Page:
So, you’re strongly considering moving to the South and aren’t sure what to expect. Plenty of us have been there before.
If you’re thinking it’s a little unusual to be picking up and moving to a completely new region of the United States, relax. There are transplants all over the country. Everybody’s from everywhere.
The thing to keep in mind, though, is that you sometimes do have to get used to a completely new lifestyle where you’re going. If you’re coming from, say, Pennsylvania, and have been looking for Little Rock houses for sale, or roommates in Atlanta, well, there’s a lot to say about that!
Here are some things you definitely need to know when you’re moving to the South.
Yes, Winter Exists, but Not Much
Winter exists in the South, but it doesn’t exist much, if that makes sense. Sure, you’ll get some days in the 40s Fahrenheit, or even the 30s, and you’ll even get snow once in a while during the winter.
However, on the whole, the South is generally warmer than the North, and so its winters can be considered mild. You may have heard that Southern summers are quite brutal, and that’s true. We’re talking temperatures in the 80s and 90s or above, and with high humidity. Winters, then, although not extremely cold, are a relief for those Southerners who just can’t take the heat.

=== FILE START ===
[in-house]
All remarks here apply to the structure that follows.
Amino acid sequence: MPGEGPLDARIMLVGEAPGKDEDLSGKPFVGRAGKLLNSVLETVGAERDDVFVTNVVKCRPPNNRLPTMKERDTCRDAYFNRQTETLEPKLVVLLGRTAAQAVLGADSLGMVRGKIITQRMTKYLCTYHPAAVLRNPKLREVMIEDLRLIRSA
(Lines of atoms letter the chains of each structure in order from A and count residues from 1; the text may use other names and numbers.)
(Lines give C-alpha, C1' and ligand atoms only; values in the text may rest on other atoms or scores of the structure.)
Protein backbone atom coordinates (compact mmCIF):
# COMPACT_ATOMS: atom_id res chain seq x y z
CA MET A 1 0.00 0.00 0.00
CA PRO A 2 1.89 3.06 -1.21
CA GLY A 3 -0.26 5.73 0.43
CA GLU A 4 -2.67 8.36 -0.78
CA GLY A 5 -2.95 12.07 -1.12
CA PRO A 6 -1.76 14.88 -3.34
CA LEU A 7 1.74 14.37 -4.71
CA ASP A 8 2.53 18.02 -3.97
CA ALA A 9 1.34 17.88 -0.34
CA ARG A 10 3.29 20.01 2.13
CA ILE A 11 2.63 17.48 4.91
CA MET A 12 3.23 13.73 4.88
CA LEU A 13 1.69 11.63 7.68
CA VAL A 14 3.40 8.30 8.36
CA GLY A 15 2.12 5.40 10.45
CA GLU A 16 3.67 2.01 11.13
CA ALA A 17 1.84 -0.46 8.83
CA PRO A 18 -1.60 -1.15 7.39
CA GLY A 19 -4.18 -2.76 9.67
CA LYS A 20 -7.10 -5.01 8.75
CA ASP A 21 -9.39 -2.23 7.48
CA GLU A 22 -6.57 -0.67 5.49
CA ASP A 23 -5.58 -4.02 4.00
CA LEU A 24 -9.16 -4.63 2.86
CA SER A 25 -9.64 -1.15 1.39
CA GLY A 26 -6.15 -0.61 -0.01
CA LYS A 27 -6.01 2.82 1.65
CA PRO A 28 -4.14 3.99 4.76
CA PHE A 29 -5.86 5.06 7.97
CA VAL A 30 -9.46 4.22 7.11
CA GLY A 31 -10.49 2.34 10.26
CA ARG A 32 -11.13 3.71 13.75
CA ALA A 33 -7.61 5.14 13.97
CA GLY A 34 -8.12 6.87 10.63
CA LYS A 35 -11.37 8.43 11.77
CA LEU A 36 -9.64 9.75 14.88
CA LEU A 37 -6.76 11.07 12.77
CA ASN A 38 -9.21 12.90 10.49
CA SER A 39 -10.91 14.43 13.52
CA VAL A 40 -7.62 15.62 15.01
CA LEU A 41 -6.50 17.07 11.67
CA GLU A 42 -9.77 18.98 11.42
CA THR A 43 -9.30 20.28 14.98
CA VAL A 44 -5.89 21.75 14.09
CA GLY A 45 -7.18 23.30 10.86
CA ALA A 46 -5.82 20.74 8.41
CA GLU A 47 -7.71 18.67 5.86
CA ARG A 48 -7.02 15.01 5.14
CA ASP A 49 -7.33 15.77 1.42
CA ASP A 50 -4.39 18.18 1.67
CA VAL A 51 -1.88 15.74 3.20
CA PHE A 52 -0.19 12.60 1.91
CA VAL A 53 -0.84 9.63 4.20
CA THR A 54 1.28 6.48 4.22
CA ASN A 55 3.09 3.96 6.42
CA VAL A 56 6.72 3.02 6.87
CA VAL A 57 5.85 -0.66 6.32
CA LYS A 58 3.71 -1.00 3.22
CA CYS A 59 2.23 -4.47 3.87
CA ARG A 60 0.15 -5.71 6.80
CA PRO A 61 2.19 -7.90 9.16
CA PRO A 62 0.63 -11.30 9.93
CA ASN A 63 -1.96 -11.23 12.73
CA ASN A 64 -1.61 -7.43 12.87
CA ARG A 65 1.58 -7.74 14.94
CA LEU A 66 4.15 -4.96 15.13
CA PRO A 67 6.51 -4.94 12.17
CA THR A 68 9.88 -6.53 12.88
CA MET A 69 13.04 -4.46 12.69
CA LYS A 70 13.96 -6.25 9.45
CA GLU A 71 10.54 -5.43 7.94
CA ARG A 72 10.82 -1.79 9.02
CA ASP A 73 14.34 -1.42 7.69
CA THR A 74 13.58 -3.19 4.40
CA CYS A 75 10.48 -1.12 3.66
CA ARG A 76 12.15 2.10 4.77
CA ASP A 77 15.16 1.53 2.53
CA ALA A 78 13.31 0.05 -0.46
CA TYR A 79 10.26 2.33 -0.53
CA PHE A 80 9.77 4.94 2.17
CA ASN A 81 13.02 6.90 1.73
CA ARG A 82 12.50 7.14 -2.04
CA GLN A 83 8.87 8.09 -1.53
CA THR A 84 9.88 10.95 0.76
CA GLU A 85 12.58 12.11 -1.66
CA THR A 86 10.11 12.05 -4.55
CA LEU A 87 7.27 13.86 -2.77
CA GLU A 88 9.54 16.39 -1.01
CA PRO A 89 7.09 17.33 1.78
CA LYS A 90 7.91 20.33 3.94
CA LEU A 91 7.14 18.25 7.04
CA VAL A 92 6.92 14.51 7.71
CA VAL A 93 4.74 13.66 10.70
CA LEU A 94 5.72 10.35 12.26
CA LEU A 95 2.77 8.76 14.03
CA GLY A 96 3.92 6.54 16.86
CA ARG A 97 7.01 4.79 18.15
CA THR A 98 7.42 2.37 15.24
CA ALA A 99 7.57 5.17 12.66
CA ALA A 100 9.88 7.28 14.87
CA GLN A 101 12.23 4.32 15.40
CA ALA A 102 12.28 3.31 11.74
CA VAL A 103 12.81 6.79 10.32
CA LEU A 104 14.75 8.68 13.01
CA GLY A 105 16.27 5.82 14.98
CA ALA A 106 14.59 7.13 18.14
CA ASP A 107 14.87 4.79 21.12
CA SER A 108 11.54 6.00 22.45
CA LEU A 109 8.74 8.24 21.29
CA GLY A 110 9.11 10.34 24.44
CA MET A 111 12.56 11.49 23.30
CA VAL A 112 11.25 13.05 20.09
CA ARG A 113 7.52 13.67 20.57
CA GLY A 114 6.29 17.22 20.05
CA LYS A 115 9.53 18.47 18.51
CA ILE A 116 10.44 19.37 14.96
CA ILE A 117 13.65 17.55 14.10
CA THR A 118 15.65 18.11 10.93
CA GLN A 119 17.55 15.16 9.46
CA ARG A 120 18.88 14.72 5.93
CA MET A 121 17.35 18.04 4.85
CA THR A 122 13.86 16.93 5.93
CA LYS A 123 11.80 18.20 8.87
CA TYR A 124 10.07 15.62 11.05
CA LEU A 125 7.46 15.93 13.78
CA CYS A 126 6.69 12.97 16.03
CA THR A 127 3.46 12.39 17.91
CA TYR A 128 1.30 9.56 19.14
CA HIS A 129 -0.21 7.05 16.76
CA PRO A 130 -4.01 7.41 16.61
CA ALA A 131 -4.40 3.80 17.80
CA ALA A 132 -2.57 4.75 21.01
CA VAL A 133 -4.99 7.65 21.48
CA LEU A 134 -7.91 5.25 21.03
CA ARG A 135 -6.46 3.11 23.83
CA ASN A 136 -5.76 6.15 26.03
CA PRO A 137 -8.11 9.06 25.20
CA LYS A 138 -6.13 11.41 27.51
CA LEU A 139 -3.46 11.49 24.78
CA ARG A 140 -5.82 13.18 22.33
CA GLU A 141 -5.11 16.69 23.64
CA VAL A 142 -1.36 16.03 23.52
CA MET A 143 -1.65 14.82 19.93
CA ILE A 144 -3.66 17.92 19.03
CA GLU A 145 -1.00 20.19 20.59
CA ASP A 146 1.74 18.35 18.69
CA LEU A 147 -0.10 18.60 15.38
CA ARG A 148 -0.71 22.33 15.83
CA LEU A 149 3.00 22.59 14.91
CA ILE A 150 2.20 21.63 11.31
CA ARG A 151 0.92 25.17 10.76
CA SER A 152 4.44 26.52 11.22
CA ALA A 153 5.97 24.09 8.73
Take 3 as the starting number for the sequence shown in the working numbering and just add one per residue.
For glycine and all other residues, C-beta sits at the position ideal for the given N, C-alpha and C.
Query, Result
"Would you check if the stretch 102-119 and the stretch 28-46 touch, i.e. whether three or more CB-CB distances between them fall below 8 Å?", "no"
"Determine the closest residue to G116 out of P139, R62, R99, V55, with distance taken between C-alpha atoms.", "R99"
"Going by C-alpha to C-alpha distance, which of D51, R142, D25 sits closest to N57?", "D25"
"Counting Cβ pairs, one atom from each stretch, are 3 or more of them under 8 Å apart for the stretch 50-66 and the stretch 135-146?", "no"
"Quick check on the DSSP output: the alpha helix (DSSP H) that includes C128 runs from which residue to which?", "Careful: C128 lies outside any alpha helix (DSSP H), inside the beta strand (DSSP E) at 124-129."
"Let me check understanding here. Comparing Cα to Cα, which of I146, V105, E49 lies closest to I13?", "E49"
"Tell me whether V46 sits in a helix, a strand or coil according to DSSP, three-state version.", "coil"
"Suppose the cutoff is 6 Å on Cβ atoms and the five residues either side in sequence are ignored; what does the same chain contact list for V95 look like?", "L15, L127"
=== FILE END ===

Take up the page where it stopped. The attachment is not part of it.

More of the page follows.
But watch out! Southerners tend not to be prepared for a lot of snow, so tread carefully if a storm ever does pass through.
Things Are Generally More Relaxed
You may have heard that people in the South tend to move a lot slower than Northerners. And that’s no knock on Southerners, but it’s just the way it is in a lot of the region.
So, think about New York City. You know how that city is just moving all the time, late for something, going somewhere, rushing on to the next thing?
Not so in the South. People will talk to you in public, stopping their days to be friendly and check out what others are doing. It can be a pleasant shift from life in the North, if a bit shocking at first if you’re from nowhere near the South.
However, if you just roll with it, you might find that this was just the life change you were looking for!
Well, we covered the winters, so let’s get into some more detail about every Southerner’s favorite season: summer.
Did you hear the sarcasm in that?
Here’s the jig: you might think you can handle 85 or 90 or even 100 degrees Fahrenheit when it’s nice and dry like it is over in Arizona or something. But no no, that’s not the South.
Try 100 degrees and almost extreme humidity. It’s like, you’ll go for a five-minute walk and find your back suddenly drenched in sweat.
It’s why most households in the South that can afford it have central air conditioning. It’s just a must, and not just for comfort, but for safety. Heat stroke can come quickly if you’re not used to the conditions down south.
Overall, the South is a lovely place with its own idiosyncrasies that you gotta learn to love. If you’re moving there, you should have a real blast!
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